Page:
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A child with a mild hearing loss may not be hearing certain sounds in the English language. If the child has trouble hearing higher sounds, he may be missing sounds like “s”, “t”, “sh”, “f”, “th”, etc. These sounds come up a lot in our language so it can be very hard to understand. Take a look at the following example. A child with a high-frequency hearing loss (meaning he doesn’t hear the higher pitches) might hear a sentence like this (I’m taking out all of the high-frequency sounds):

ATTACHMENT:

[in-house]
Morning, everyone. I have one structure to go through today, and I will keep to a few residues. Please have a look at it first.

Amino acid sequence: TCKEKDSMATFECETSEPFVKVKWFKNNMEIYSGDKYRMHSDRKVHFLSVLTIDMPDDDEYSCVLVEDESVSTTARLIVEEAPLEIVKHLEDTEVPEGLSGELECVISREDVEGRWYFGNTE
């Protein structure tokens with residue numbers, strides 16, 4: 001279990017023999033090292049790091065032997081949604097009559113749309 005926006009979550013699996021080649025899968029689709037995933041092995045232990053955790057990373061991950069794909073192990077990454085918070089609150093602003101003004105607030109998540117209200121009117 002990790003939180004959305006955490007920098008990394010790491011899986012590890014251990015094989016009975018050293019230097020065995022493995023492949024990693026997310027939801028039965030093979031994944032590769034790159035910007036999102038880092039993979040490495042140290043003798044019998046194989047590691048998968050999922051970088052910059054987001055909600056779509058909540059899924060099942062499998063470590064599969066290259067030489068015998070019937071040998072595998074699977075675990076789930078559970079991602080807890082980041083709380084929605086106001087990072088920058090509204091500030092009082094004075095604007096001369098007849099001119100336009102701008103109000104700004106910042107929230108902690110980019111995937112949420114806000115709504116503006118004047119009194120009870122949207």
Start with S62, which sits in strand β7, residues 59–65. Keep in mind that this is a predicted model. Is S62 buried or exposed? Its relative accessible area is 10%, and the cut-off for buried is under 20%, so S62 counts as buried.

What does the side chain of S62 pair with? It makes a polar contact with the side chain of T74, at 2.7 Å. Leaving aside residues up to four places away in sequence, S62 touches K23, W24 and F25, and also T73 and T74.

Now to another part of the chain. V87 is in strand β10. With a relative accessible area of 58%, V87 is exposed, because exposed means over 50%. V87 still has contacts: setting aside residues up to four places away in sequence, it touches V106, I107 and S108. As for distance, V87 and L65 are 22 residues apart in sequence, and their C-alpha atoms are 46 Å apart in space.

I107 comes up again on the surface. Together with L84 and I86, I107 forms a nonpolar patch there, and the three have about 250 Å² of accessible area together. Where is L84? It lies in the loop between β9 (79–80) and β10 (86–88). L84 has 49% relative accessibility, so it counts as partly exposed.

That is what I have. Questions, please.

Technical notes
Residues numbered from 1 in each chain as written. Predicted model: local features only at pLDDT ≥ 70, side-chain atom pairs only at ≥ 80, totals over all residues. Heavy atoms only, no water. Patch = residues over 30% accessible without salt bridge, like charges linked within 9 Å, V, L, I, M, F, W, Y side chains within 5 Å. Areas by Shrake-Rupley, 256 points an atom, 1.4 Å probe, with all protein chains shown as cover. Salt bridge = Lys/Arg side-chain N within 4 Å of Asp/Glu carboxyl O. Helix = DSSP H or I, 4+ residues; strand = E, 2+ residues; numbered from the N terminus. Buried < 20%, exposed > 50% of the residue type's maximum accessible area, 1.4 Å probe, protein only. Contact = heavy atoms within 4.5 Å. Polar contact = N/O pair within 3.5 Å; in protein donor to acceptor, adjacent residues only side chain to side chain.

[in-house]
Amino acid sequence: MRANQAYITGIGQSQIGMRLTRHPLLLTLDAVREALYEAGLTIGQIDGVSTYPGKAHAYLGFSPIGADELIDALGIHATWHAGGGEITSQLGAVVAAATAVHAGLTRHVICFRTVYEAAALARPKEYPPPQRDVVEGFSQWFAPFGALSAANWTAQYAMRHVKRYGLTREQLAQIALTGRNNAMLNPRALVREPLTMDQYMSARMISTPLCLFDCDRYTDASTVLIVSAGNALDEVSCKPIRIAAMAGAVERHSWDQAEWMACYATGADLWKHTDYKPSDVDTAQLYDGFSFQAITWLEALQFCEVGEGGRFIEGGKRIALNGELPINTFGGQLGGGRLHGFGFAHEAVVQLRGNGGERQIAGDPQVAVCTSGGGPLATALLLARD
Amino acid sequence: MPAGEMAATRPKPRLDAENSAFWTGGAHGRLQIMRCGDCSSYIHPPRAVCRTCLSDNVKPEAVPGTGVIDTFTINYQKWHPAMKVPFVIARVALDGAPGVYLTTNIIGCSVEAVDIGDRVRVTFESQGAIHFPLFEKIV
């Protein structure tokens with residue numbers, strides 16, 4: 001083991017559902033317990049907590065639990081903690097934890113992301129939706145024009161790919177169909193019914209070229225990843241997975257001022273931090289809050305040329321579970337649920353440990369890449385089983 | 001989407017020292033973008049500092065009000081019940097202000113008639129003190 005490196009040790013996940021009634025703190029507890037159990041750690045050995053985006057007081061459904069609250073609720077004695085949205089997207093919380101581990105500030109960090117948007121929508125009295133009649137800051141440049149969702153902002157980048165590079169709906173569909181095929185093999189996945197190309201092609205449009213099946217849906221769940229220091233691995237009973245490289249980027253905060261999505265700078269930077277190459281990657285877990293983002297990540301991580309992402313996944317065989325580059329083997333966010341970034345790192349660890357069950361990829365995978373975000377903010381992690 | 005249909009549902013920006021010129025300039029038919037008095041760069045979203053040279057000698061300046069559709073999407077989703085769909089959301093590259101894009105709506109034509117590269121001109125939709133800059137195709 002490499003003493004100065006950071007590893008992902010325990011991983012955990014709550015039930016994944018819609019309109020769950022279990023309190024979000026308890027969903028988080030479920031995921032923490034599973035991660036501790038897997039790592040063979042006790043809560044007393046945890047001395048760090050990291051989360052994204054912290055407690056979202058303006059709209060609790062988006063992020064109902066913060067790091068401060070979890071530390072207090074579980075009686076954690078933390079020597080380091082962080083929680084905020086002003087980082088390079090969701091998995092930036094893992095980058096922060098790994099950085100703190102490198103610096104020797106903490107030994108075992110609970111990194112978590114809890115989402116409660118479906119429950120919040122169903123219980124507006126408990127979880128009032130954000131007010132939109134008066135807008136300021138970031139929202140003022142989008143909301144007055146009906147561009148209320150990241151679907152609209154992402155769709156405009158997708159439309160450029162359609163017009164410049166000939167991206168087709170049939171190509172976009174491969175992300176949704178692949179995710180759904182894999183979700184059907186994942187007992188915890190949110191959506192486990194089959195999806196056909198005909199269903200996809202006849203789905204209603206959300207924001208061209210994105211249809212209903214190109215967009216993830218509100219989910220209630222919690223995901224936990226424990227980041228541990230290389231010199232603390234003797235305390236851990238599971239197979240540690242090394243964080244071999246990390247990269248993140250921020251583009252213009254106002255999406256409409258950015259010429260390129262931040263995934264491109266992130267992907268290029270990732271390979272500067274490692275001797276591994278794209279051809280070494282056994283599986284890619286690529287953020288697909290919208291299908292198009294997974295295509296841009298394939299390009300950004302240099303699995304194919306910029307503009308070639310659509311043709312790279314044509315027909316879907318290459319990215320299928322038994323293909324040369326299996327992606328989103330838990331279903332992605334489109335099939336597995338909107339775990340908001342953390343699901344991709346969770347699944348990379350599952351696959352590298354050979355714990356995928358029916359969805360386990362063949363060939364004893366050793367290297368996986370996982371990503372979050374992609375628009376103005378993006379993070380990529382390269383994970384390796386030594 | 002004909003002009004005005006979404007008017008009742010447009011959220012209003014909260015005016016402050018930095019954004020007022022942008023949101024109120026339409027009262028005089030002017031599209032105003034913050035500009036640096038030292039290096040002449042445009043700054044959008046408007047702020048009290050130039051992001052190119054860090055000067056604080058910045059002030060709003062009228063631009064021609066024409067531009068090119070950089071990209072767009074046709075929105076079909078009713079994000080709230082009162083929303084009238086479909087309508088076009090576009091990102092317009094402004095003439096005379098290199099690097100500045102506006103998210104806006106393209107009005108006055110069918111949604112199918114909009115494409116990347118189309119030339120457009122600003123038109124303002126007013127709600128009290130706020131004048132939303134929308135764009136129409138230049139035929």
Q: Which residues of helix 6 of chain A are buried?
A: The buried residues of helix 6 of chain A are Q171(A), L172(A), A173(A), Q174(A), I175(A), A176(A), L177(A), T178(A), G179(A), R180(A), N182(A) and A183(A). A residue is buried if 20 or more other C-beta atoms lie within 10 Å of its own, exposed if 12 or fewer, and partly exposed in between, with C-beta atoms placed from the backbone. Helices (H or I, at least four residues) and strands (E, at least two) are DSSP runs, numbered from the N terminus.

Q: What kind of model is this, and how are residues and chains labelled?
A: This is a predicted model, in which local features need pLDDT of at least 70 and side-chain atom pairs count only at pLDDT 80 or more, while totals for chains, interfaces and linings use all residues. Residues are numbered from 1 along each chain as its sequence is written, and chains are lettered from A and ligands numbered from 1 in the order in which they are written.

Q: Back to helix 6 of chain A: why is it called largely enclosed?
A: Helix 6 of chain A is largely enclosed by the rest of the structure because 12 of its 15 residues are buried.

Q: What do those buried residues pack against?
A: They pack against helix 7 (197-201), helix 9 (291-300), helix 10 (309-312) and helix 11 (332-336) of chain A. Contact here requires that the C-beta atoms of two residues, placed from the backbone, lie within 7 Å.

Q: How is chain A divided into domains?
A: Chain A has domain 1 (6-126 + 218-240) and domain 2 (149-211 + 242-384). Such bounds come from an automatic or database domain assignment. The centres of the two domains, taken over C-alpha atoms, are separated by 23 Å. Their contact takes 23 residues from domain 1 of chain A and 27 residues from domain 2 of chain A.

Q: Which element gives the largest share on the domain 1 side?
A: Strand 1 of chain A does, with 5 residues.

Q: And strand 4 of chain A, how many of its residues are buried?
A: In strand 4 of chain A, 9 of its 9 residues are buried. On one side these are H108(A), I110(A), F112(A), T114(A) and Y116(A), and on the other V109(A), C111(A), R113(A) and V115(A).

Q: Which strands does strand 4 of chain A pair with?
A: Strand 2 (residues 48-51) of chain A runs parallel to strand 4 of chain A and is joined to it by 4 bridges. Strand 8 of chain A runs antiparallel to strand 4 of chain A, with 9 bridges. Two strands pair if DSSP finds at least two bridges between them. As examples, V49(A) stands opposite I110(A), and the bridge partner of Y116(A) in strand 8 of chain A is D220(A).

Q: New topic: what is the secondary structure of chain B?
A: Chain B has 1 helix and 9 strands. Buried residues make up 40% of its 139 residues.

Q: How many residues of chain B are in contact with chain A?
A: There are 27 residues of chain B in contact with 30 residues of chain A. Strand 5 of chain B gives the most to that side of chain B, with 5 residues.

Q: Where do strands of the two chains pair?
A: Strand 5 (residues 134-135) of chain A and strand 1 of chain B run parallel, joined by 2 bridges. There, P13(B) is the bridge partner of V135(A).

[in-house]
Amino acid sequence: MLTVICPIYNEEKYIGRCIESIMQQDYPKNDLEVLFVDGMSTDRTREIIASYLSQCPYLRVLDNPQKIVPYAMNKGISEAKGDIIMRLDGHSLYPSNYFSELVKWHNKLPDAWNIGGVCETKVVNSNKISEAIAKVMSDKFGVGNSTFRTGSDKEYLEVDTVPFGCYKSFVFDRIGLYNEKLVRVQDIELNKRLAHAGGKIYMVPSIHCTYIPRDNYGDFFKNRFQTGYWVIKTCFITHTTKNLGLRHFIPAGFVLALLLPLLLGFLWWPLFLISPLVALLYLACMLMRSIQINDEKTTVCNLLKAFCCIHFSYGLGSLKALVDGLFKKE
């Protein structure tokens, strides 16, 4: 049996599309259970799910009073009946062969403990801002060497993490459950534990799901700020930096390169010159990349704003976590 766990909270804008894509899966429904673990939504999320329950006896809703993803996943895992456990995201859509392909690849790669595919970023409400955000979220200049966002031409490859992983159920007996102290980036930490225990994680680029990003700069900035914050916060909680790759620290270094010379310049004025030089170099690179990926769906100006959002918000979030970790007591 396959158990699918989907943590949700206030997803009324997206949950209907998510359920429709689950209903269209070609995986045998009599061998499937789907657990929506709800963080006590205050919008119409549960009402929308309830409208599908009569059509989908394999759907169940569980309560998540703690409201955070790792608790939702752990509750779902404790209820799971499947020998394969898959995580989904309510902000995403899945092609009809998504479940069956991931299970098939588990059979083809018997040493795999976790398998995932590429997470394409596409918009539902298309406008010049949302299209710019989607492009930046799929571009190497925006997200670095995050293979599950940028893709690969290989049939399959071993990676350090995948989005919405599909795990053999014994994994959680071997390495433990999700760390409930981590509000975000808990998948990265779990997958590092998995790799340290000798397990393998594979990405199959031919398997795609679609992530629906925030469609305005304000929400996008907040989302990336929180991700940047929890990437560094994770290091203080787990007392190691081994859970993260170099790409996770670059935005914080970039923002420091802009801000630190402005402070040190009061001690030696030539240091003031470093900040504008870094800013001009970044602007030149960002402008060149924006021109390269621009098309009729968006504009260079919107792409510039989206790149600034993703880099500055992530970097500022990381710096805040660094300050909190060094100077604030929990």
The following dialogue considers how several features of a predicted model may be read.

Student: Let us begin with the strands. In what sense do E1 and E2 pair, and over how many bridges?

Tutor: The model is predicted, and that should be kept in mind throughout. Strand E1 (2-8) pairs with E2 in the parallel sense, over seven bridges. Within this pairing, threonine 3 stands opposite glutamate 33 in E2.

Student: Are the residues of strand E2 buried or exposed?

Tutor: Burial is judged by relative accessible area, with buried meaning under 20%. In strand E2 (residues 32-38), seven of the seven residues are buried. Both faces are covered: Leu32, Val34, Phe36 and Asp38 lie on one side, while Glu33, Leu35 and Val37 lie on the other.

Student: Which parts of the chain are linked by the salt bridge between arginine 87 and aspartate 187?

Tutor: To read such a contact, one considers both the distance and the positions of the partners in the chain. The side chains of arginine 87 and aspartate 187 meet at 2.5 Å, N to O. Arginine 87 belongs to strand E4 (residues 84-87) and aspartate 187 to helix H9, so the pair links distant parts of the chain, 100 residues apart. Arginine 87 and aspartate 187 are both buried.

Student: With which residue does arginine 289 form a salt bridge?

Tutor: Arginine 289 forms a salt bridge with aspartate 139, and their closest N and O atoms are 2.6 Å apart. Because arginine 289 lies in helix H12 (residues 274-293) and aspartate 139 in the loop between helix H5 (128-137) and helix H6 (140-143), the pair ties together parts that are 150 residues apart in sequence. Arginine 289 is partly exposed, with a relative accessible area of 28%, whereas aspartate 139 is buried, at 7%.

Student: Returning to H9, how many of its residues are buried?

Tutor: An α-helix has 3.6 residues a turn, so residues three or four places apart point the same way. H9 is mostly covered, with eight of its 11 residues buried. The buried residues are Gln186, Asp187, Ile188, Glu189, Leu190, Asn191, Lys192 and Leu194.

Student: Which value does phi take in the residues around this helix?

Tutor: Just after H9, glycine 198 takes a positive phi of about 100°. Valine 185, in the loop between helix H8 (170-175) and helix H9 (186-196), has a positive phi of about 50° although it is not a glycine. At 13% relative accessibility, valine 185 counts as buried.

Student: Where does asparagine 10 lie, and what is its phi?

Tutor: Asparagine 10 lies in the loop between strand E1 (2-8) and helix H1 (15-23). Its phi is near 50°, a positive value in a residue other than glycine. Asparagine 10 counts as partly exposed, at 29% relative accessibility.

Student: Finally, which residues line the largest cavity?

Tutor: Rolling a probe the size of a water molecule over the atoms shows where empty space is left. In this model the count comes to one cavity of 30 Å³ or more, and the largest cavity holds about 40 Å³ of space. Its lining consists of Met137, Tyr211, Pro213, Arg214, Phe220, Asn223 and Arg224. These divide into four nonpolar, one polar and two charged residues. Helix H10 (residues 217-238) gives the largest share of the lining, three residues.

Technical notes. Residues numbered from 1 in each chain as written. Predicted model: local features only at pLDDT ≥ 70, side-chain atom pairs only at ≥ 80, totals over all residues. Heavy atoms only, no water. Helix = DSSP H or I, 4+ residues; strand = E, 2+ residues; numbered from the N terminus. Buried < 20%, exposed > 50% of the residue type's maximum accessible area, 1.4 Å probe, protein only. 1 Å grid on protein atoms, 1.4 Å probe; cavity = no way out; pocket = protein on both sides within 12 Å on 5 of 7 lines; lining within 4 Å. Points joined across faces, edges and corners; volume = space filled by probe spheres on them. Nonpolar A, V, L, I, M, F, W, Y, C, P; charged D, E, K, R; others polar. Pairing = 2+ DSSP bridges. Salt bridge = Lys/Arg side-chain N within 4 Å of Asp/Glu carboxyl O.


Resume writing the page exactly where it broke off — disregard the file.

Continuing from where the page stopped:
I ing am and I ould oh e um oro.
Ok, did you understand that? No, probably not. That sentence was spoken as “I think Sam and I should go get some poprocks”. That gives you an idea of how hard it can be for a child to not hear even just a few sounds. These children may have trouble understanding what is being said to them, they may not be able to follow directions, and they may have trouble building their vocabularies and learning grammatical structures. Their speech may also be very hard to understand since they don’t hear some of the sounds they should be saying.